Third, the indefinite article and the indefinite pronoun are no more indeterminate than the infinitive. Or rather they are lacking a determination only insofar as they are applied to a form that is itself indeterminate, or to a determinable subject. On the other hand, they lack nothing when they introduce haecceities, events, the individuation of which does not pass into a form and is not effected by a subject. The indefinite then has maximum determination: once upon a time; a child is being beaten; a horse is falling ... Here, the elements in play find their individuation in the assemblage of which they are a part, independent of the form of their concept and the subjectivity of their person. We have remarked several times the extent to which children use the indefinite not as something indeterminate but, on the contrary, as an individuating function within a collectivity. That is why we are dumbfounded by the efforts of psychoanalysis, which desperately wants there to be something definite hidden behind the indefinite, a possessive, a person. When the child says "a belly," "a horse," "how do people grow up?" "someone is beating a child," the psychoanalyst hears "my belly," "the father," "will I grow up to be like daddy?" The psychoanalyst asks: Who is being beaten, and by whom?41 Even linguistics is not immune from the same prejudice, inasmuch as it is inseparable from a personology; according to linguistics, in addition to the indefinite -article and the pronoun, the third-person pronoun also lacks the determination of subjectivity that is proper to the first two persons and is supposedly the necessary condition for all enunciation.
We believe on the contrary that the third person indefinite, HE, THEY, implies no indetermination from this point of view; it ties the statement to a collective assemblage, as its necessary condition, rather than to a subject of the enunciation. Blanchot is correct in saying that ONE and HE—one is dying, he is unhappy—in no way take the place of a subject, but instead do away with any subject in favor of an assemblage of the haecceity type that carries or brings out the event insofar as it is unformed and incapable of being effectuated by persons ("something happens to them that they can only get a grip on again by letting go of their ability to say I").43 The HE does not represent a subject but rather makes a diagram of an assemblage. It does not overcode statements, it does not transcend them as do the first two persons; on the contrary, it prevents them from falling under the tyranny of subjective or signifying constellations, under the regime of empty redundancies. The contents of the chains of expression it articulates are those that can be assembled for a maximum number of occurrences and becomings. "They arrive like fate... where do they come from, how have they pushed this far .. .?"He or one, indefinite article, proper name, infinitive verb: A HANS TO BECOME HORSE, A PACK NAMED WOLF TO LOOK AT HE, ONE TO DIE, WASP TO MEET ORCHID, THEY ARRIVE HUNS. Classified ads, telegraphic machines on the plane of consistency (once again, we are reminded of the procedures of Chinese poetry and the rules for translation suggested by the best commentators).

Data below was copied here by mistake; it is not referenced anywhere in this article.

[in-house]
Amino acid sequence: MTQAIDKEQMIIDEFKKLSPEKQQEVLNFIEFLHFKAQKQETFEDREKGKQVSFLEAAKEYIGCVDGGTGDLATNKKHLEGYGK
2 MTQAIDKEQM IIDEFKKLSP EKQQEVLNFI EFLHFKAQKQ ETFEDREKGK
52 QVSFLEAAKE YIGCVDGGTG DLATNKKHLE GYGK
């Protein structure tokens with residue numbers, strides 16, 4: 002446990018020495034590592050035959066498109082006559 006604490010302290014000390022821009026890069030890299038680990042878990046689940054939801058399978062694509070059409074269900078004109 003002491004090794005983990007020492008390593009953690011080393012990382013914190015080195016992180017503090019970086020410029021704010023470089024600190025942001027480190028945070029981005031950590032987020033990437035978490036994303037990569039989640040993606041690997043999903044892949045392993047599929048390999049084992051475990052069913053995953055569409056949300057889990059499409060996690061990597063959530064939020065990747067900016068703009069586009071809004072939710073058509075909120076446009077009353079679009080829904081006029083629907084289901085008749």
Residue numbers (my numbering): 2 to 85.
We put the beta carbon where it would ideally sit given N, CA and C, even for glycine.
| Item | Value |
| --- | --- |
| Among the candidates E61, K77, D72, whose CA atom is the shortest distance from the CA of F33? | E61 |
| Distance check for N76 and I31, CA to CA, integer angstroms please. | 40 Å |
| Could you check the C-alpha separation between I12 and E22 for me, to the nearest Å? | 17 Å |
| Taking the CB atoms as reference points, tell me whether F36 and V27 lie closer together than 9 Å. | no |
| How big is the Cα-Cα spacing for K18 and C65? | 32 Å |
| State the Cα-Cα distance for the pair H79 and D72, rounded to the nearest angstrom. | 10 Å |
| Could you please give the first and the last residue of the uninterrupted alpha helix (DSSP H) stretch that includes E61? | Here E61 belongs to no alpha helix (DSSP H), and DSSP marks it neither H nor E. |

Gilles Deleuze and Felix Guattari/A THOUSAND PLATEAUS: Capitalism and Schizophrenia/ Becoming-Intense, Becoming-Animal, Becoming-Imperceptible . . . / Memories Of A Haecceity
Achim Szepanski - BAUDRILLARD: WHEN HUMAN RIGHTS AND DEMOCRACY BEGAN TO CIRCULATE LIKE OIL AND CAPITAL
Speculating Freedom: Addiction, Control and Rescriptive Subjectivity in the Work of William S. Burroughs
Joshua Carswell - EVALUATING DELEUZE’S “THE IMAGE OF THOUGHT” (1968) AS A PRECURSOR OF HYPERSTITION // PART 1
Joshua Carswell - Evaluating Deleuze’s “The Image of Thought” (1968) as a Precursor of Hyperstition // Part 2
Jose Rosales - ON THE END OF HISTORY & THE DEATH OF DESIRE (NOTES ON TIME AND NEGATIVITY IN BATAILLE’S ‘LETTRE Á X.’)
Jose Rosales - BERGSONIAN SCIENCE-FICTION: KODWO ESHUN, GILLES DELEUZE, & THINKING THE REALITY OF TIME
GILLES DELEUZE - Capitalism, flows, the decoding of flows, capitalism and schizophrenia, psychoanalysis, Spinoza.
Obsolete Capitalism - THE STRONG OF THE FUTURE. NIETZSCHE’S ACCELERATIONIST FRAGMENT IN DELEUZE AND GUATTARI’S ANTI-OEDIPUS
Obsolete Capitalism - Acceleration, Revolution and Money in Deleuze and Guattari's Anti-OEdipus (Part 1)
Obsolete Capitalism - Acceleration, Revolution and Money in Deleuze and Guattari's Anti-OEdipus (Part 2)
Obsolete Capitalism: Acceleration, Revolution and Money in Deleuze and Guattari's Anti-OEdipus (Part 3)
Obsolete Capitalism - Acceleration, Revolution and Money in Deleuze and Guattari's Anti-OEdipus (Part 4)
Obsolete Capitalism: Acceleration, Revolution and Money in Deleuze and Guattari's Anti-OEdipus (Part 5)
Stephen Zepke - “THIS WORLD OF WILD PRODUCTION AND EXPLOSIVE DESIRE” – THE UNCONSCIOUS AND THE FUTURE IN FELIX GUATTARI
Steven Craig Hickman - David Roden and the Posthuman Dilemma: Anti-Essentialism and the Question of Humanity
Steven Craig Hickman - The Intelligence of Capital: The Collapse of Politics in Contemporary Society
Steven Craig Hickman - The Carnival of Globalisation: Hyperstition, Surveillance, and the Empire of Reason
Steven Craig Hickman - Shaviro On The Neoliberal Strategy: Transgression and Accelerationist Aesthetics
Steven Craig Hickman - Hyperstition: Technorevisionism – Influencing, Modifying and Updating Reality
Terence Blake - CONCEPTS OUT OF THE SHADOWS: Notes on Deleuze and Guattari’s “What is Philosophy?” (2)
Terence Blake - GUATTARI’S LINES OF FLIGHT (2): transversal vs transferential approaches to the reading contract
Himanshu Damle - Games and Virtual Environments: Playing in the Dark. Could These be Havens for Criminal Networks?
Himanshu Damle - Hegelian Marxism of Lukács: Philosophy as Systematization of Ideology and Politics as Manipulation of Ideology.